Tag Archives: butternut squash

apple-nut soup

16 Oct

photo (27)

Nothing screams fall more than butternut squash and apples.

So why not mix the two together?

Butternut squash will woo you with its rich beta carotene count that your body converts into vitamin A, helping to strengthen your lungs, heart and eyes, while giving your skin that beautiful glow.

Apples will refresh your body with it’s high amounts of vitamin C, helping to boost your immune system. A perfect food for this time of year when the season is changing.

We call for sage in this recipe, but if you don’t have it, don’t worry, the soup can stand on it’s own without it.

If you are feeling more adventurous and have some extra time, we’d recommend adding in some caramelized onions, to increase the depth of flavor.

Serves 2 Prep Time: 5 minutes Total Time: 20 minutes


  • 2 C butternut squash, peeled, de-seeded, chopped
  • 1/2 apple, cored
  • 1/2 C water or chicken/veggie stock
  • 5-7 leaves sage, sliced
  • 1.5 tbsp olive oil
  • salt to taste
  • black pepper to taste


1. Prep: Steam your squash for 10 minutes, until soft. Heat up water, or stock, set aside. Cut apple in half, removing the core.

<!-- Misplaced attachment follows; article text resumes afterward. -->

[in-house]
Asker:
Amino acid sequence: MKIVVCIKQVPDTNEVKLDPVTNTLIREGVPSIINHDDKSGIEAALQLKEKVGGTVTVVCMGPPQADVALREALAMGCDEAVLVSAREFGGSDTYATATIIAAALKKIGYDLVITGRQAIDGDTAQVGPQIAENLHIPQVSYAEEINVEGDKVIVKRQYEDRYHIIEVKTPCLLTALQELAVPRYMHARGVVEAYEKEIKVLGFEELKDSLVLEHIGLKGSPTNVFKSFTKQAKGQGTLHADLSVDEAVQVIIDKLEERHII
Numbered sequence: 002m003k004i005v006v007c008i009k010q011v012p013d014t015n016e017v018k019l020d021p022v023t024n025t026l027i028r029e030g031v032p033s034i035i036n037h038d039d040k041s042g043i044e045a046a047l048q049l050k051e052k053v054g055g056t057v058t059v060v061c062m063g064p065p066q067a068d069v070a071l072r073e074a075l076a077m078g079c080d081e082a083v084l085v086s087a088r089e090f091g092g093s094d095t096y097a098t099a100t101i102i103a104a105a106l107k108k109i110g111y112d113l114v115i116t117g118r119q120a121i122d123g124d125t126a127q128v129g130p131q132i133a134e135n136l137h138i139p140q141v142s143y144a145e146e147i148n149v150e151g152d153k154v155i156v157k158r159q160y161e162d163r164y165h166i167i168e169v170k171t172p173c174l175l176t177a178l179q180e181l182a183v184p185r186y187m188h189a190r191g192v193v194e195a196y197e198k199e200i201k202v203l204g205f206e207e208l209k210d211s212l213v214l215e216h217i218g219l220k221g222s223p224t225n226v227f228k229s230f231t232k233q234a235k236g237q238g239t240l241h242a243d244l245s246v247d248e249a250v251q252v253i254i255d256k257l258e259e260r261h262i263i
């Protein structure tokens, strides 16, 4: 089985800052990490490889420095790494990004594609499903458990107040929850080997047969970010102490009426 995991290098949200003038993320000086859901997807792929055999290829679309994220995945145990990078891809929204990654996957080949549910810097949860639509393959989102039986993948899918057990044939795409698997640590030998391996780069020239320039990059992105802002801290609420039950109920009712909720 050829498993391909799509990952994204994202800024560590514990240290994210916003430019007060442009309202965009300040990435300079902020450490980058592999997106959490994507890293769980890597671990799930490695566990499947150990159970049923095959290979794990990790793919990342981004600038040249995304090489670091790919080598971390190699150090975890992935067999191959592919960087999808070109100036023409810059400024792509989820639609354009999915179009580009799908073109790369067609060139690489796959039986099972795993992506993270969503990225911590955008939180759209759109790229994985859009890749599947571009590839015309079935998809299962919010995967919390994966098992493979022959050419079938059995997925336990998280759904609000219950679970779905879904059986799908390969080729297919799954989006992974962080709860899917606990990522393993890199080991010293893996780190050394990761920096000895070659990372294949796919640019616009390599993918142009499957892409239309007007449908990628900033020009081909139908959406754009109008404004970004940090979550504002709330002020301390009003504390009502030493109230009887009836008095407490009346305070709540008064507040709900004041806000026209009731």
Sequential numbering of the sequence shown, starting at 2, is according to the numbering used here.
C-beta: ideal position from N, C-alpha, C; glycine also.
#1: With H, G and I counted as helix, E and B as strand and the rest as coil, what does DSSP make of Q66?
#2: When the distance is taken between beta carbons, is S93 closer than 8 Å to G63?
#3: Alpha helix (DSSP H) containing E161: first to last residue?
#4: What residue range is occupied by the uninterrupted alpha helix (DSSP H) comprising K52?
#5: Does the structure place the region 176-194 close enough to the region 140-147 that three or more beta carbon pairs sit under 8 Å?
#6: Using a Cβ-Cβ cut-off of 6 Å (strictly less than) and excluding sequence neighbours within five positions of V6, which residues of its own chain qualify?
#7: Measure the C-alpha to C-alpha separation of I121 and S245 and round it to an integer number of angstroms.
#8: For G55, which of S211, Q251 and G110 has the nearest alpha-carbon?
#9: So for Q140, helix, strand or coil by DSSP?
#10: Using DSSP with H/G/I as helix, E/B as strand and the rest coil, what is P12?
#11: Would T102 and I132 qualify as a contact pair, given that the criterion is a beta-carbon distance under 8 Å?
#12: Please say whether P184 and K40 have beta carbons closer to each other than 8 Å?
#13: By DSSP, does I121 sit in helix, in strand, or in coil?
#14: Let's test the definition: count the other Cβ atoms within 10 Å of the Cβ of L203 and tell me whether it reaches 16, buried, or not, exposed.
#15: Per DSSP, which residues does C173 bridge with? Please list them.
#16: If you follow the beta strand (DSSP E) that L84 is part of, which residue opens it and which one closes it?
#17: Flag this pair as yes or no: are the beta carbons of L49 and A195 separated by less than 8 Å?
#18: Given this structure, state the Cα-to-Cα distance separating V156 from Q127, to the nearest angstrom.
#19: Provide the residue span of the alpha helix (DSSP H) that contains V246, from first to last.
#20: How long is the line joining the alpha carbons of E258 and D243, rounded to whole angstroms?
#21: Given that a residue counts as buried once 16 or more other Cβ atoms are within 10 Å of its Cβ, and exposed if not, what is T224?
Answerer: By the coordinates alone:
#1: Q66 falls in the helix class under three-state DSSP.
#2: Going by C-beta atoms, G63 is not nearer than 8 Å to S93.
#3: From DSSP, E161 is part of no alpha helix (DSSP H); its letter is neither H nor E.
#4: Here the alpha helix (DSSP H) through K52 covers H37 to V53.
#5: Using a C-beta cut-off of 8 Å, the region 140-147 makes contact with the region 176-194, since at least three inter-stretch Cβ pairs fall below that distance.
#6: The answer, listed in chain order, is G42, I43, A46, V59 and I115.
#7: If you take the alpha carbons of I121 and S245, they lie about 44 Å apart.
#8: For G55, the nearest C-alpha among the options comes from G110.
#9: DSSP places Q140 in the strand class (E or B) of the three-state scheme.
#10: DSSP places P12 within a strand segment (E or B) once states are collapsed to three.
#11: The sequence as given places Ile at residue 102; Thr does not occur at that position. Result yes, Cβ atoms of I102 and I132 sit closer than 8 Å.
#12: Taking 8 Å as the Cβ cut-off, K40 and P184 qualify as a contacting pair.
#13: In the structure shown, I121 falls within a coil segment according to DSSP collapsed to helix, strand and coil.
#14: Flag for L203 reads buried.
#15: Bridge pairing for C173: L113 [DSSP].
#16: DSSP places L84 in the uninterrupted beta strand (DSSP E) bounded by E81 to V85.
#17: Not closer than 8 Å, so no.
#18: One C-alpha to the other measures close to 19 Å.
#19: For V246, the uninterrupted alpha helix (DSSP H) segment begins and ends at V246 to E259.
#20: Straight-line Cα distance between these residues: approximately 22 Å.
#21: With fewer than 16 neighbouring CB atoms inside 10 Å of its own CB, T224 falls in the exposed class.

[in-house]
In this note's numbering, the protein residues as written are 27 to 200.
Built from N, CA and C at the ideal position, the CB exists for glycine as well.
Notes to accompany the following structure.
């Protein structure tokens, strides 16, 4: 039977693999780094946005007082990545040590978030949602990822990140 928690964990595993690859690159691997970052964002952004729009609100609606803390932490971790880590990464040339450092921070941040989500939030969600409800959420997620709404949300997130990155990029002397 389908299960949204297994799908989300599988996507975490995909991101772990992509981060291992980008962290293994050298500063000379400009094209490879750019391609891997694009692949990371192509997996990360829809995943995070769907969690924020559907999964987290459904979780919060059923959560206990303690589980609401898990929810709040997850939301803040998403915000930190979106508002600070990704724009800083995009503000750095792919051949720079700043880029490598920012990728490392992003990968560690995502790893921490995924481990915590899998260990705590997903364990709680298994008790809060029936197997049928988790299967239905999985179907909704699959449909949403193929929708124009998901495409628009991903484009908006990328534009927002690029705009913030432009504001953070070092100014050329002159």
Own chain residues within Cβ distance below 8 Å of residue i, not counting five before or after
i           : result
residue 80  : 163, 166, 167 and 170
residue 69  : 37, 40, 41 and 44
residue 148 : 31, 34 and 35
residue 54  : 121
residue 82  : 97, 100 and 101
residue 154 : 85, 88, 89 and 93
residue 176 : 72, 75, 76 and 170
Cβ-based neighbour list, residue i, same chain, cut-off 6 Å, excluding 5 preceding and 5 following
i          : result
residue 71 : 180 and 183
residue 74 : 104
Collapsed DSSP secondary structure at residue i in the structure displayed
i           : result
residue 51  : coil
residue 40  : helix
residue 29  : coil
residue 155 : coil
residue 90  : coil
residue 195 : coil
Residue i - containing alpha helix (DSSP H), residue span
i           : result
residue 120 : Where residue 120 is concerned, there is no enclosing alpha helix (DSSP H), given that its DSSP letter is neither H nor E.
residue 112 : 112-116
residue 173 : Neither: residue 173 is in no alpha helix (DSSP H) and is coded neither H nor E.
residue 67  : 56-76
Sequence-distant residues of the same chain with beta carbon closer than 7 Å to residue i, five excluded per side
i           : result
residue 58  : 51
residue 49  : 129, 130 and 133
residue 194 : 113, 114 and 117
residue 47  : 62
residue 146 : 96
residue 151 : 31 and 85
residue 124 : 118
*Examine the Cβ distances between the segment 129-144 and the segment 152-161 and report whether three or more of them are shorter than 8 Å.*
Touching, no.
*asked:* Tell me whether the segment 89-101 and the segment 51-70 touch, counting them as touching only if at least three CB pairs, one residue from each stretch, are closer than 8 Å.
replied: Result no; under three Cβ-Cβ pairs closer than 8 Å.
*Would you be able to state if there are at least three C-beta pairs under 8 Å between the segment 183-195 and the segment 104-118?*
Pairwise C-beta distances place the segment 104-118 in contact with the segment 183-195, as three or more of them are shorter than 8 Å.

2. Process: Blend squash and apple in a food processor. In a pot, add your puree, then your water or stock, some salt and pepper, then bring to a boil.

3. Serve: Set out your bowls and serve. Drizzle with olive oil, top with sage and another grind of pepper.

forbidden rice

11 Feb

20589-chinese-black-riceThank goodness forbidden rice is no longer forbidden!

Forbidden rice also known as black rice (and the rice that Chinese Emperors ate to enhance their longevity), is a delicious option for those looking to add color, flavor and nutrients to their everyday meals.


It’s easy too, since it cooks up like brown rice with the 1:2 ratio of rice to water. All you need to do is bring water to a boil, add the rice, then lower to a simmer. Cook for 40-50 minutes or until the water has been soaked up. That’s all!

As you watch the rice cook you will notice it’s dark purple hues, thanks to the antioxidant called anthocyanin, the same antioxidant that’s present in blueberries, cranberries, acai and eggplant. Black rice is also a great source of iron, zinc, fiber and contains 18 amino acids.

Eat it hot as a risotto, use it as the rice in chicken fried rice, or as a pudding stewed in coconut milk. Try it cold in a salad with butternut squash and herbs, or mango and peanuts, even bell peppers in a tamari – sesame oil dressing.

All of this to say, try out some black rice for yourself! You will be pleasantly surprised.

Photo courtesy of nyu.edu